Roussillon wine and Catalan food
Collioure is also located in the heart of the Roussillon wine region, and as such produces a mixture of red, rose and white wine from the Grenache noir, Mourvedre, Syrah, Carignan and Cinsault grapes. It’s not one of the most celebrated of French *wine regions, but that said there are some local gems to uncover, with full-bodied and tannin-strong flavours.
Bordering town Banyuls also produces a sweet red, which has marked itself out as one of France’s best dessert wines.
One of the best places to taste the wines on offer is Le Neptune restaurant: Set on a hill overlooking the harbour, with indoor and outdoor seating, the location is the best of any eatery in town, with a menu that serves up a number of local delicacies - including hand-filleted and preserved anchovies - all paired with a selection of local wine.
The Casa Gala Restaurant – found in the heart of the art district – is the place to sample the Catalan influence on Collioure’s gastronomy, with an endless array of tapas on offer such as: Serrano ham, garlic and tomato bread, patatas bravas, snails, squid and potato croquettes all washed down with white wine sangria.
The Vermilion coast: beaches and kayaking
Perhaps Collioure’s biggest draw, however, is the stunning Vermilion coast and the many beaches that dot the coastline in the town itself and also to the north at Argelès-sur-Mer and the south at Banyuls.
There are countless coves to enjoy, including two right in the heart of Collioure town. One can also walk the coastal path from Collioure to Banyuls, known as the Chemin des Douaniers – the smuggler’s path that was in operation for bringing contraband across the Spanish-French border. Along the route there a number of almost deserted beaches and on arrival at Banyuls one finds of the most beautiful beaches in the region, where there is the possibility to rent kayaks and explore the coast a little more from the water.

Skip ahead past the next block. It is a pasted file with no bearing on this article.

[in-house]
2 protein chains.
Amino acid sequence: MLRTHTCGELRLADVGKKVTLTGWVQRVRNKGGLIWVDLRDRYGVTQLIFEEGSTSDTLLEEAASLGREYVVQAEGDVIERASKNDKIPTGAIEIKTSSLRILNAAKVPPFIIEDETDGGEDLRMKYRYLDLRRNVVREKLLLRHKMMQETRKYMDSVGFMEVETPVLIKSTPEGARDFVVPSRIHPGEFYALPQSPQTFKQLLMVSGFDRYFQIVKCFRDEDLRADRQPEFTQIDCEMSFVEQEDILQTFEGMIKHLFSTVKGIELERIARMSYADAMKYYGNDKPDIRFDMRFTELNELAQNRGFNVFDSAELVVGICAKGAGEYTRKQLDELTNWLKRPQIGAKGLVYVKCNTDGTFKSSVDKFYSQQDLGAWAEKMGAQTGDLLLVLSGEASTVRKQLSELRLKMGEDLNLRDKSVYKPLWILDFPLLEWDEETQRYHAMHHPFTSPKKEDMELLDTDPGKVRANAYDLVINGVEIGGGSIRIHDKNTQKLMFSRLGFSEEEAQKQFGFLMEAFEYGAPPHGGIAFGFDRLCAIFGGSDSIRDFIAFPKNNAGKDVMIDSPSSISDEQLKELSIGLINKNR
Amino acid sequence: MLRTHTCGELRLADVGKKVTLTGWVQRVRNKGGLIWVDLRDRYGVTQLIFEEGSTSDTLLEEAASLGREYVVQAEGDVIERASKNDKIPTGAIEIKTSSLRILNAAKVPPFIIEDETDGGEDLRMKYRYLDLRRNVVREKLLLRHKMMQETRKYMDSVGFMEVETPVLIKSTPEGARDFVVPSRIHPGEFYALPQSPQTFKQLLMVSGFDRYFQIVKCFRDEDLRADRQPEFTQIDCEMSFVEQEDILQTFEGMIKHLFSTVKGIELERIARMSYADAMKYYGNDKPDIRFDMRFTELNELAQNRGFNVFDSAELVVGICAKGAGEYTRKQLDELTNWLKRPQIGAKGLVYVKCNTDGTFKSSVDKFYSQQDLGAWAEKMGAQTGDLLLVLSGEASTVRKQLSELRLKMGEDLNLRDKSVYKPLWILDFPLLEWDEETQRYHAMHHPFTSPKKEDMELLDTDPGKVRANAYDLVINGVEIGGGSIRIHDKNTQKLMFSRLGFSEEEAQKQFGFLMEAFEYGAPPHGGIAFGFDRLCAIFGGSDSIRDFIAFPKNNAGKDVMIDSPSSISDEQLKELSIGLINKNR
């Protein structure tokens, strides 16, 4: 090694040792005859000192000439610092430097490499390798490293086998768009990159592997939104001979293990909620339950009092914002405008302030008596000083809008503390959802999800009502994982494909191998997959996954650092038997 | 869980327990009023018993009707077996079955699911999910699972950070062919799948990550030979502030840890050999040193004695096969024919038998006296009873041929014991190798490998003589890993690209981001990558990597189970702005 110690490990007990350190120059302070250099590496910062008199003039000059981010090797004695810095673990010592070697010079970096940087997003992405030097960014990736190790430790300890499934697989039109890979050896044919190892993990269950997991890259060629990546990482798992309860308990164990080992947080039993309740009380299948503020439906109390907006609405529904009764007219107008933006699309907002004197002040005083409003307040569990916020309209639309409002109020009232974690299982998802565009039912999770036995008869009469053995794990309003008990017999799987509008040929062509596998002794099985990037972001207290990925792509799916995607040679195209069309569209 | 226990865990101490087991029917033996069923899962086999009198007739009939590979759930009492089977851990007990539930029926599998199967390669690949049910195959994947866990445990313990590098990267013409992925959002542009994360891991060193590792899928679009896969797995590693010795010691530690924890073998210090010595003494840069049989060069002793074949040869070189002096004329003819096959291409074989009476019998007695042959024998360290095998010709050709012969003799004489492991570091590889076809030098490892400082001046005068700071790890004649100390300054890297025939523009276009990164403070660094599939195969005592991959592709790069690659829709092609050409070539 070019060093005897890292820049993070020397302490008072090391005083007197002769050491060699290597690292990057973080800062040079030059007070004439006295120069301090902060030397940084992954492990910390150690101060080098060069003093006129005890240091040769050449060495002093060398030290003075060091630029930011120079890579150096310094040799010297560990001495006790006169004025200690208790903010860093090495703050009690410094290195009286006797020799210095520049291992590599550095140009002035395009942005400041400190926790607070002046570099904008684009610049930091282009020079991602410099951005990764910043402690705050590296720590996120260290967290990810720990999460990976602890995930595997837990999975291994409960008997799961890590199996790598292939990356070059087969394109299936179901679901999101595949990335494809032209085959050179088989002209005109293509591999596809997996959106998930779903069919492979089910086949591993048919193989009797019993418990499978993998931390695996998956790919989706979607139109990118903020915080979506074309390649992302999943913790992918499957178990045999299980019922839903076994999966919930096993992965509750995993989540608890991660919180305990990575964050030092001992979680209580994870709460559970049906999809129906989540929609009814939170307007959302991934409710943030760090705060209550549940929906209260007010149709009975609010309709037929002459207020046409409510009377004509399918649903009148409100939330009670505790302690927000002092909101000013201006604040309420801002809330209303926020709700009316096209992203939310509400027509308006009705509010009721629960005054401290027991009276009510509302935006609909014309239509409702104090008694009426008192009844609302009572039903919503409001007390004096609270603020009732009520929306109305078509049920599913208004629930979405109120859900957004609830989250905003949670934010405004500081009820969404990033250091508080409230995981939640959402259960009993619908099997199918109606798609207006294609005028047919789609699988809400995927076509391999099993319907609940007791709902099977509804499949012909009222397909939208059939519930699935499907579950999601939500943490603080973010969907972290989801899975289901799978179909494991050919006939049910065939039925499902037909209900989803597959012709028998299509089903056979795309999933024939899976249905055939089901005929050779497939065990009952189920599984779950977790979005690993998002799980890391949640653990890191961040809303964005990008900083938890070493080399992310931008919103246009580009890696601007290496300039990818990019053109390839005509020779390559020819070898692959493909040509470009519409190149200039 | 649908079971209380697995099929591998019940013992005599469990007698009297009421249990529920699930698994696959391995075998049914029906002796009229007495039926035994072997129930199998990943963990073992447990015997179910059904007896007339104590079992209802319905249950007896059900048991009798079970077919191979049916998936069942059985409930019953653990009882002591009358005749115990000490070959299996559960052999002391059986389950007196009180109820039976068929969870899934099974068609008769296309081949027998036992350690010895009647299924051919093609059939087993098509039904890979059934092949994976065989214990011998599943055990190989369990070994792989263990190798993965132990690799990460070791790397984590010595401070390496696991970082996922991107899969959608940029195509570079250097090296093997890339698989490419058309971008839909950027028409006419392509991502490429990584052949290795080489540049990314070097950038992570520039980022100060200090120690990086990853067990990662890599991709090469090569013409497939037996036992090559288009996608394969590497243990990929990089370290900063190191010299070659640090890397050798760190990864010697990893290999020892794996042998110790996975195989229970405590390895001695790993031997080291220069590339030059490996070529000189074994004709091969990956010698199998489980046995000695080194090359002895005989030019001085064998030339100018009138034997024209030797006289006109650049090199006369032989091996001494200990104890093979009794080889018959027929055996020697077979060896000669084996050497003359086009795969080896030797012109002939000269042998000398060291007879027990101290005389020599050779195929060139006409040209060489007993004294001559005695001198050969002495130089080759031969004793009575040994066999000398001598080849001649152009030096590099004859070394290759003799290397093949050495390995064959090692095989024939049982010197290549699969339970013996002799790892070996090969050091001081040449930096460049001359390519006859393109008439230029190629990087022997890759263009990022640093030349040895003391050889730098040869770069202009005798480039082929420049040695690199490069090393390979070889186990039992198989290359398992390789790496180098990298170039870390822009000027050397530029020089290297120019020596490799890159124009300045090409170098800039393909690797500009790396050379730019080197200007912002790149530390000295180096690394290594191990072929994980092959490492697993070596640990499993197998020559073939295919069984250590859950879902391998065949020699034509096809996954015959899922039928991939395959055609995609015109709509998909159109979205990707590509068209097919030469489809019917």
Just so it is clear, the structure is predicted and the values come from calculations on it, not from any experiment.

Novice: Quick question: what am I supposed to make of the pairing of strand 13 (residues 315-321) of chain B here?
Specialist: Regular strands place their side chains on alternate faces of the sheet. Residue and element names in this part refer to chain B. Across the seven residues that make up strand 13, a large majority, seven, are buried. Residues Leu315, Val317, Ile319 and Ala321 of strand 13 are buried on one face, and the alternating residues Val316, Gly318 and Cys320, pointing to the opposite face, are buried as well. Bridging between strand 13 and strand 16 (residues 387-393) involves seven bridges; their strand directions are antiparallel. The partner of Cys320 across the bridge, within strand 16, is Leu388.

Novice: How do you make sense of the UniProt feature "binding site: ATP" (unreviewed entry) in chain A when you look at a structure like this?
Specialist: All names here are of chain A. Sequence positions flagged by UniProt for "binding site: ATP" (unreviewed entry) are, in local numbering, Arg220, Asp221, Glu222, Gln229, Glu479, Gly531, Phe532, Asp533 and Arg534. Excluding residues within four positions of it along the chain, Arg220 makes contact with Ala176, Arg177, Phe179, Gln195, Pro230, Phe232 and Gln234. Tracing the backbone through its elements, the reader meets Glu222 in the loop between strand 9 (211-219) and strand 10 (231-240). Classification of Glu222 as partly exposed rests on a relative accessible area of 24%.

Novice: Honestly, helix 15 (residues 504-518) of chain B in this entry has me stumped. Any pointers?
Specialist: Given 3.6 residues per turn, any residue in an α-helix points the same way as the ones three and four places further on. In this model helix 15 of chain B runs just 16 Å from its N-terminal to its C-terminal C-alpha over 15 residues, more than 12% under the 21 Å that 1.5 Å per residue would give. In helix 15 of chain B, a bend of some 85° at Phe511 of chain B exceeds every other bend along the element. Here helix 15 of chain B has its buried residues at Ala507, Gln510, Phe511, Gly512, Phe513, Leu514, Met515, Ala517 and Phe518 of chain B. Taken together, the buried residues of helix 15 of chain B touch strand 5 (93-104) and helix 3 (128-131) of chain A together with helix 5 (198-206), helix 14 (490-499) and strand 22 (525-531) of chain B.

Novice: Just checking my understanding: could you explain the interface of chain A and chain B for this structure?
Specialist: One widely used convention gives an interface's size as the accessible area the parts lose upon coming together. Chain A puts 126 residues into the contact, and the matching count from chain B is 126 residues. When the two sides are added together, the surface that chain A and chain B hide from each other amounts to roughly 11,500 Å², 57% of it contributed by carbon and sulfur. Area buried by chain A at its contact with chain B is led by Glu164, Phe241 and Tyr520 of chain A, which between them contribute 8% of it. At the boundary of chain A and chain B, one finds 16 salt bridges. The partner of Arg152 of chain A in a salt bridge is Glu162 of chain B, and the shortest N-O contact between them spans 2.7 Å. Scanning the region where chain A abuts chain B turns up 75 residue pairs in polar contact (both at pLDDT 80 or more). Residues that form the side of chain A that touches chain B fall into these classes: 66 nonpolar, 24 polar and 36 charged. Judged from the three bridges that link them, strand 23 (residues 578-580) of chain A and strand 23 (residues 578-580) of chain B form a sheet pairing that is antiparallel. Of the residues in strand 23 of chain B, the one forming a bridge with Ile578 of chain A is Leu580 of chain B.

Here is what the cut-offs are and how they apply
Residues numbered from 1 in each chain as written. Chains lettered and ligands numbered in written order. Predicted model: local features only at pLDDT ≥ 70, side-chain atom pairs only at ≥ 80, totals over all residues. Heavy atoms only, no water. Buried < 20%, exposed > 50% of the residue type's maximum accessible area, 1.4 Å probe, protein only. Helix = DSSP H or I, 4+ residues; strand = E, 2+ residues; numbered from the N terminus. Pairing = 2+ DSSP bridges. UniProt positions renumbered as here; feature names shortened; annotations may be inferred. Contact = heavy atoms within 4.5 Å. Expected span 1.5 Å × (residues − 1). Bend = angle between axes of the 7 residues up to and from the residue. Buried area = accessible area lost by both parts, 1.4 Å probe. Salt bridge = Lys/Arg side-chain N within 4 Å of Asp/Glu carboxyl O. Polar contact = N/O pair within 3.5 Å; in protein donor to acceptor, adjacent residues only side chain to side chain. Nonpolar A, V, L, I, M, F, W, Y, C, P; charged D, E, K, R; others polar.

When one tallies up all that Collioure has to offer – the history, the art, the wine, the gastronomy and the jaw-dropping coastline – paired with a Mediterranean climate and prices that are very affordable, it’s not too hard to see why this little gem of a town draws so many admiring glances and tourists to its shores.
How to get there: Aer Lingus operate four direct flights a week from Dublin to Perpignan, which is just a 30-minute drive to Collioure.
Day trip: Perpignan
Perpignan is much more than just an airport hub with plenty to offer as a destination in itself. A day trip here at the beginning or end of your stay in Collioure is highly recommended.
During a walk around the historical centre you can take in the cathedral with its ornate gold interior as well as the 14th century Town Hall.
The nearby Palace of the Majorcan Kings is also worth an hour’s exploration for its impressive yellow- and red-brick stonework and panoramic views out over the surrounding town and the Pyrenees.
Café de Vienne, located near the old town, is the place to experience a traditional bistro of the region.